I’ve spent a long time trying to really “get” Ramsi’s. There’s a lot to like about this fun, funky, multi-ethnic eatery on Bardstown Road, not least of which is that it’s, well, fun, funky and multi-ethnic. Those are some of my favorite things. Continue reading
To hear the buzz emanating from the local foodie blogosphere you might think that the newborn Fontleroy’s represents the second coming of Chef Georges Auguste Escoffier or somebody.
They’ve got a point, too. There is a lot to like about Fontleroy’s. It’s Chef Allan Rosenberg’s latest venture, and he’s cheffed a string of winners with a relentless focus on food quality and creative preparation. Service is very strong. And our own Marsha (“Industry Standard”) Lynch whomps up some excellent desserts. It’s in a great Bardstown Road location, and it’s fun.
Today let us celebrate the noble hamburger, an iconic confection that’s easier to eat than it is to research.
Aka “hamburg steak,” this ubiquitous ground-meat patty on a bun has been known by that name only since around the 1890s, the usually reliable Online Etymology Dictionary tells us. The hamburger’s historic connection to Hamburg, Germany, is also asserted but unproven, but that’s not important right now.
This time it was special. A birthday, an anniversary, and I wanted to treat my bride to the city’s best. So who’s No. 1? It’s gotta be Seviche.
We all know that this city is blessed with a grand buffet of great restaurants, with 20 or more that can dominate on any given day. But Chef Anthony Lamas’ pan-Latino gastronomic temple on Bardstown Road rings my chimes consistently loud and clear.
For a too-short, brilliant seven months, the glory that was Rumplings blazed like a comet soaring across the sky of Louisville’s dining scene.
Then, just like that, one night in early June, Rumplings went dark, accompanied by a chorus of wails from despairing fans.
Okay. I admit it. That’s kind of dramatic. But dammit, that’s how I felt, and judging from the anguished voices I heard, I don’t think I was alone.
“With rue my heart is laden,
for golden friends I had,
For many a rose-lipt maiden
And many a lightfoot lad.”
There! It’s not often that an English major actually gets to bring the fruits of his seldom-used bachelor’s degree into the real world. So how, I ask, could I possibly resist dragging the poet A.E. Housman into a “Roux/rue” pun to celebrate our first visit to Roux, a hot newish spot on Bardstown Road?
India! To Western eyes, it is one of the most exotic of lands. India seems very far away, and yet it is strangely familiar in ways that draw us in. In your mind’s eye, think about the Taj Mahal in moonlight: Those shimmering white marble domes look like nothing you’d ever expect to see in Louisville, yet its strangely compelling beauty transcends time and space.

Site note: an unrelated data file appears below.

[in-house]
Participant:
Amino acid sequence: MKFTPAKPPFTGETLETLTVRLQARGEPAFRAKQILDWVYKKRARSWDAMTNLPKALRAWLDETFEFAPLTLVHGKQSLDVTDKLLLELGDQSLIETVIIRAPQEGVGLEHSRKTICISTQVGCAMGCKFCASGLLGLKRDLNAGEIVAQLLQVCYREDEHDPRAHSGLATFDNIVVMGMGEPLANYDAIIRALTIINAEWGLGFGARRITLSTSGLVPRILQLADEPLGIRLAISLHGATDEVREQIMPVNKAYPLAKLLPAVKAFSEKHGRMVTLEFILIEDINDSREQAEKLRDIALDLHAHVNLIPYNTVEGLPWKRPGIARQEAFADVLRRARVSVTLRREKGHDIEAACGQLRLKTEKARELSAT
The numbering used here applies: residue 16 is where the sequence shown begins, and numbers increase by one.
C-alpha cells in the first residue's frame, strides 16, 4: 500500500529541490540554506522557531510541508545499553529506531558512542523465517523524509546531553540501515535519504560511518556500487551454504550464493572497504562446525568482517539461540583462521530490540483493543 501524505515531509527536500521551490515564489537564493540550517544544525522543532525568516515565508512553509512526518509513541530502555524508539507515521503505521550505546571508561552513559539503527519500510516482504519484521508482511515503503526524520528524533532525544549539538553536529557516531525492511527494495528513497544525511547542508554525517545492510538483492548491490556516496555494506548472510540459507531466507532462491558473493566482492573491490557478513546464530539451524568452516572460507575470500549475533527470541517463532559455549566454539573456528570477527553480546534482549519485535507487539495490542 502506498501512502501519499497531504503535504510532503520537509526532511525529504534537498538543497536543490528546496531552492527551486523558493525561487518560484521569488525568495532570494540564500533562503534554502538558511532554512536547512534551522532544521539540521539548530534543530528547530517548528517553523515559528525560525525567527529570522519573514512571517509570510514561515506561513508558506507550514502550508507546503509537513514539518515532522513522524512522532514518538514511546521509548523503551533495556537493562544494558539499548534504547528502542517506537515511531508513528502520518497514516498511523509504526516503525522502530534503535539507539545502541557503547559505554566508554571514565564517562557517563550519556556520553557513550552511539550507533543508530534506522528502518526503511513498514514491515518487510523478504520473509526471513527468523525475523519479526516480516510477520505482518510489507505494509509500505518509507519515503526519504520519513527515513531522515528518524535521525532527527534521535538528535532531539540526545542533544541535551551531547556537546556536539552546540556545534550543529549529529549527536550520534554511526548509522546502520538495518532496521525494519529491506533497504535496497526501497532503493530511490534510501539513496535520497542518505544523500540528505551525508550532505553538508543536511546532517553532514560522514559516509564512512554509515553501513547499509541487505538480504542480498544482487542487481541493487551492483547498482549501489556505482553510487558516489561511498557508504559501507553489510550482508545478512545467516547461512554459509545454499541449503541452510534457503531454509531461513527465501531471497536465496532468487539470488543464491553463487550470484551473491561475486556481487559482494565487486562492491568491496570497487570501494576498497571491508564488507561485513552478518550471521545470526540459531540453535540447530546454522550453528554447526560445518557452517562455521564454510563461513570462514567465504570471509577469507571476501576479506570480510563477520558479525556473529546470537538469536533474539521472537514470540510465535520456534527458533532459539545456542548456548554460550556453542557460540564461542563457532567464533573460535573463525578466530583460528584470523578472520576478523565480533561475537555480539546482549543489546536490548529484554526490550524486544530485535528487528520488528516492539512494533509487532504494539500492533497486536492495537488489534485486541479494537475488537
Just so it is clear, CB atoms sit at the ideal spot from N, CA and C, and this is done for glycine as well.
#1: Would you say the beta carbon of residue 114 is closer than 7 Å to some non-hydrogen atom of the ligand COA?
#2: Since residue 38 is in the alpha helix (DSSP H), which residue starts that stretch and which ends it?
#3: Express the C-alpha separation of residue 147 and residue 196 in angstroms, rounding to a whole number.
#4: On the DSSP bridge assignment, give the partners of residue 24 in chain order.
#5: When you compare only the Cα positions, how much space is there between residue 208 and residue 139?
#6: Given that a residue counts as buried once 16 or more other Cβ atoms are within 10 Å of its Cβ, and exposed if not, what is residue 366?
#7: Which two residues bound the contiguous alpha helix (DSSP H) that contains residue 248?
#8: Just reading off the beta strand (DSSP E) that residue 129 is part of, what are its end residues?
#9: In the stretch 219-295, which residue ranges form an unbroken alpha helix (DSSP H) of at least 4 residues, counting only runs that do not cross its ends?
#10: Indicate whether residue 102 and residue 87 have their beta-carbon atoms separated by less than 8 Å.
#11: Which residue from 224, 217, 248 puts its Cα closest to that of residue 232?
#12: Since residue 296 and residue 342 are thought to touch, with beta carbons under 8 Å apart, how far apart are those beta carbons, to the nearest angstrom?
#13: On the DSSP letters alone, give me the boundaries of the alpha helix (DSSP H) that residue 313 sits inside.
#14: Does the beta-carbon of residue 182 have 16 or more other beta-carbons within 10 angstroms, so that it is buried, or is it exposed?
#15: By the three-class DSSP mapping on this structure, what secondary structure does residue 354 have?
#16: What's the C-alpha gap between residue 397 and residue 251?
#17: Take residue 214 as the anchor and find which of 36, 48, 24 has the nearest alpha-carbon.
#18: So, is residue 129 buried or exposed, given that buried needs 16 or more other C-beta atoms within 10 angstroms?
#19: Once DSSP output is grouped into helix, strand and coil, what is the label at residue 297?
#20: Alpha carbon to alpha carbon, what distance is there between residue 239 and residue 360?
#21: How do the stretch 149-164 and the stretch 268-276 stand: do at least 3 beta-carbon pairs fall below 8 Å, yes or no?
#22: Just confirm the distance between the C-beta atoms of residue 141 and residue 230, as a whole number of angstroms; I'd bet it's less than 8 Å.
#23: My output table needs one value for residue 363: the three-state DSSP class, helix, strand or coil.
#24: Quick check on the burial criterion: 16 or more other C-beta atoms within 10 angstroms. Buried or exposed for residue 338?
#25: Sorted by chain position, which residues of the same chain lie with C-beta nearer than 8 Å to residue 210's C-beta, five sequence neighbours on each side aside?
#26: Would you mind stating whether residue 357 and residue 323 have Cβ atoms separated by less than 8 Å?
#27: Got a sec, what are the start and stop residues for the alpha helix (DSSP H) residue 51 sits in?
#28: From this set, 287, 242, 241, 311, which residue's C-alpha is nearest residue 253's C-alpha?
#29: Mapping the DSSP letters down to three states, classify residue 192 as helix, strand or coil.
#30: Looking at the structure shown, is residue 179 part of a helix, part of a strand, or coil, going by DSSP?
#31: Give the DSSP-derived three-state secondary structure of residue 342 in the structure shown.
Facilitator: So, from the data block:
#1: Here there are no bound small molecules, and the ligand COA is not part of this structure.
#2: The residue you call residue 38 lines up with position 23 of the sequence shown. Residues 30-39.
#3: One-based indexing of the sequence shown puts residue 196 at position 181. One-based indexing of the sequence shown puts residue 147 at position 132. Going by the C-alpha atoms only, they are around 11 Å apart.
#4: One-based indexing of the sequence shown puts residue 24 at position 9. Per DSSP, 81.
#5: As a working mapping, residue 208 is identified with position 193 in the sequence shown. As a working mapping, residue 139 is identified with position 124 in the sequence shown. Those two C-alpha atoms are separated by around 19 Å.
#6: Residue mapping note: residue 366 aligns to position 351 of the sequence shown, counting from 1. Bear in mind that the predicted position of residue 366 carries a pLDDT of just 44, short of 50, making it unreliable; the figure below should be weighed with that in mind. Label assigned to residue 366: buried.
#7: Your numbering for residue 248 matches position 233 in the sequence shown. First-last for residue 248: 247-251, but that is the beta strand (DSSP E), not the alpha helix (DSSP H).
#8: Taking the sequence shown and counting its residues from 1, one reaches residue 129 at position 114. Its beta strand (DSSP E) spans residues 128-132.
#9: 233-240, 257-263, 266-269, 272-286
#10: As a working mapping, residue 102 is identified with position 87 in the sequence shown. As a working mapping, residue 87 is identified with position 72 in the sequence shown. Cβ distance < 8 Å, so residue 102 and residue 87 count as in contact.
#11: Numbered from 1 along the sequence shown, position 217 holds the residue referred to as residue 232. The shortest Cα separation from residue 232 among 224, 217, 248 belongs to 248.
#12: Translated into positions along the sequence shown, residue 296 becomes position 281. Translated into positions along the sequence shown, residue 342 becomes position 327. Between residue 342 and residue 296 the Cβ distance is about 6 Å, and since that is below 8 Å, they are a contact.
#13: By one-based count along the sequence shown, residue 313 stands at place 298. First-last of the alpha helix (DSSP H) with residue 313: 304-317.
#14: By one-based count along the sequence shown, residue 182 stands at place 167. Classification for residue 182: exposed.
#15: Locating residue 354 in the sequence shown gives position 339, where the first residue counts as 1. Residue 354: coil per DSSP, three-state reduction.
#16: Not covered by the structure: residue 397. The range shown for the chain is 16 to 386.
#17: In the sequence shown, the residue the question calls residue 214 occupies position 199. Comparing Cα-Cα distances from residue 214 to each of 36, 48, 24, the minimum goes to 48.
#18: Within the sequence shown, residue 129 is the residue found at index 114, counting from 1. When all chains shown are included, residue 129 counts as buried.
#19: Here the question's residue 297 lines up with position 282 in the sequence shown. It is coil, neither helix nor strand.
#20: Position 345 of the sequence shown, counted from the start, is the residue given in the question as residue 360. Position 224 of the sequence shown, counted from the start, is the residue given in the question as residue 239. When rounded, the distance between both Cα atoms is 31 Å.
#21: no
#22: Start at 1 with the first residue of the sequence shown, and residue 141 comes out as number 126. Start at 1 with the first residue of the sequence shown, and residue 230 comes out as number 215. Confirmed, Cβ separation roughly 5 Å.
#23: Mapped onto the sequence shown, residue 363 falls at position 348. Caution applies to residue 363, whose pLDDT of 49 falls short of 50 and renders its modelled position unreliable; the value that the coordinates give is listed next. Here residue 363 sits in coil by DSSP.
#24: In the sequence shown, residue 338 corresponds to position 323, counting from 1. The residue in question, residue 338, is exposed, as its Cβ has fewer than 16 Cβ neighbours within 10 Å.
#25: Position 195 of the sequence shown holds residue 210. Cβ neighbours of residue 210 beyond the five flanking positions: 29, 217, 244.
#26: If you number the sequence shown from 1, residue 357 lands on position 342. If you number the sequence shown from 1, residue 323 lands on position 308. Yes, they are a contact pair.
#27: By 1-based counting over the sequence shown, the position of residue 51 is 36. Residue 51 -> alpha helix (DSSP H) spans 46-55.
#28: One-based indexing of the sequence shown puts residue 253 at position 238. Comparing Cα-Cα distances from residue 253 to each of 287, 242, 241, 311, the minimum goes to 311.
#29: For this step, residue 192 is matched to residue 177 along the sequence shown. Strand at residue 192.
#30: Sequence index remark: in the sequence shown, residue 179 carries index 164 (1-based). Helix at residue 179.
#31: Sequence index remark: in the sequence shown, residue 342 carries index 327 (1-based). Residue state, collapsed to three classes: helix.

Let’s touch down for a couple of quick hits on the metro dining scene this week. Uptown Café has been a Bardstown Road landmark for 20 years, serving always reliable fare in a friendly setting that keeps bringing people back for more.
Shandaar Indian is so new that its well-crafted Facebook page still has that new-page smell. So far out in the East End that it feels closer to downtown Shelbyville than downtown Louisville, it proved to be well worth the trek.
Warmed by the delights of four big bowls of steaming ramen at Rumplings in five day’s time, I asked my baby boomer pals on Facebook a simple question this week: When did you first encounter instant ramen? What did you think of it when you did?
What’s a gastropub, anyway? This culinary neologism has been floating around since the middle of the last decade, and some say it cries out for mockery. “Gastropub”? It sounds, a bit unnervingly, like some kind of medical condition afflicting the digestive system.
What’s more, plenty of the more pompous food scribes decry the term. I still remember an odd analysis by one local food reviewer, who dismissed “gastropub” as an annoying label, misused and meaningless, reserved for bars that wanted to serve house-made ketchup.
Who’d like to get in on a caper? I’m not talking about a hilariously wacky criminal plot. Even if it were victimless and presumably foolproof, I’m naturally nervous about activities that could land me behind bars. Nor an ancient Celtic jumping and bounding dance, either. I’ll take my exercise in milder doses, thanks!
No, I’m mentally munching into an edible caper, those little green BB-shaped things made from the pickled bud of a Mediterranean lily-like flower, an item that most of us buy in little briny jars from Lotsa Pasta and stash on a refrigerator shelf, never to be seen again.
We stepped into the high-ceilinged room that had housed De La Torre’s for so many years. It looks … different. And very cool. There’s wood all around, and glass and some brass, too, and a bar so long it goes back to there, backed by an awe-inspiring wall of wines housed in high-tech argon gas dispensers that keep the vino fresh.
Also, it’s loud, and by “loud,” I mean LOUD! as in “I can’t hear a frappin’ word you’re saying!”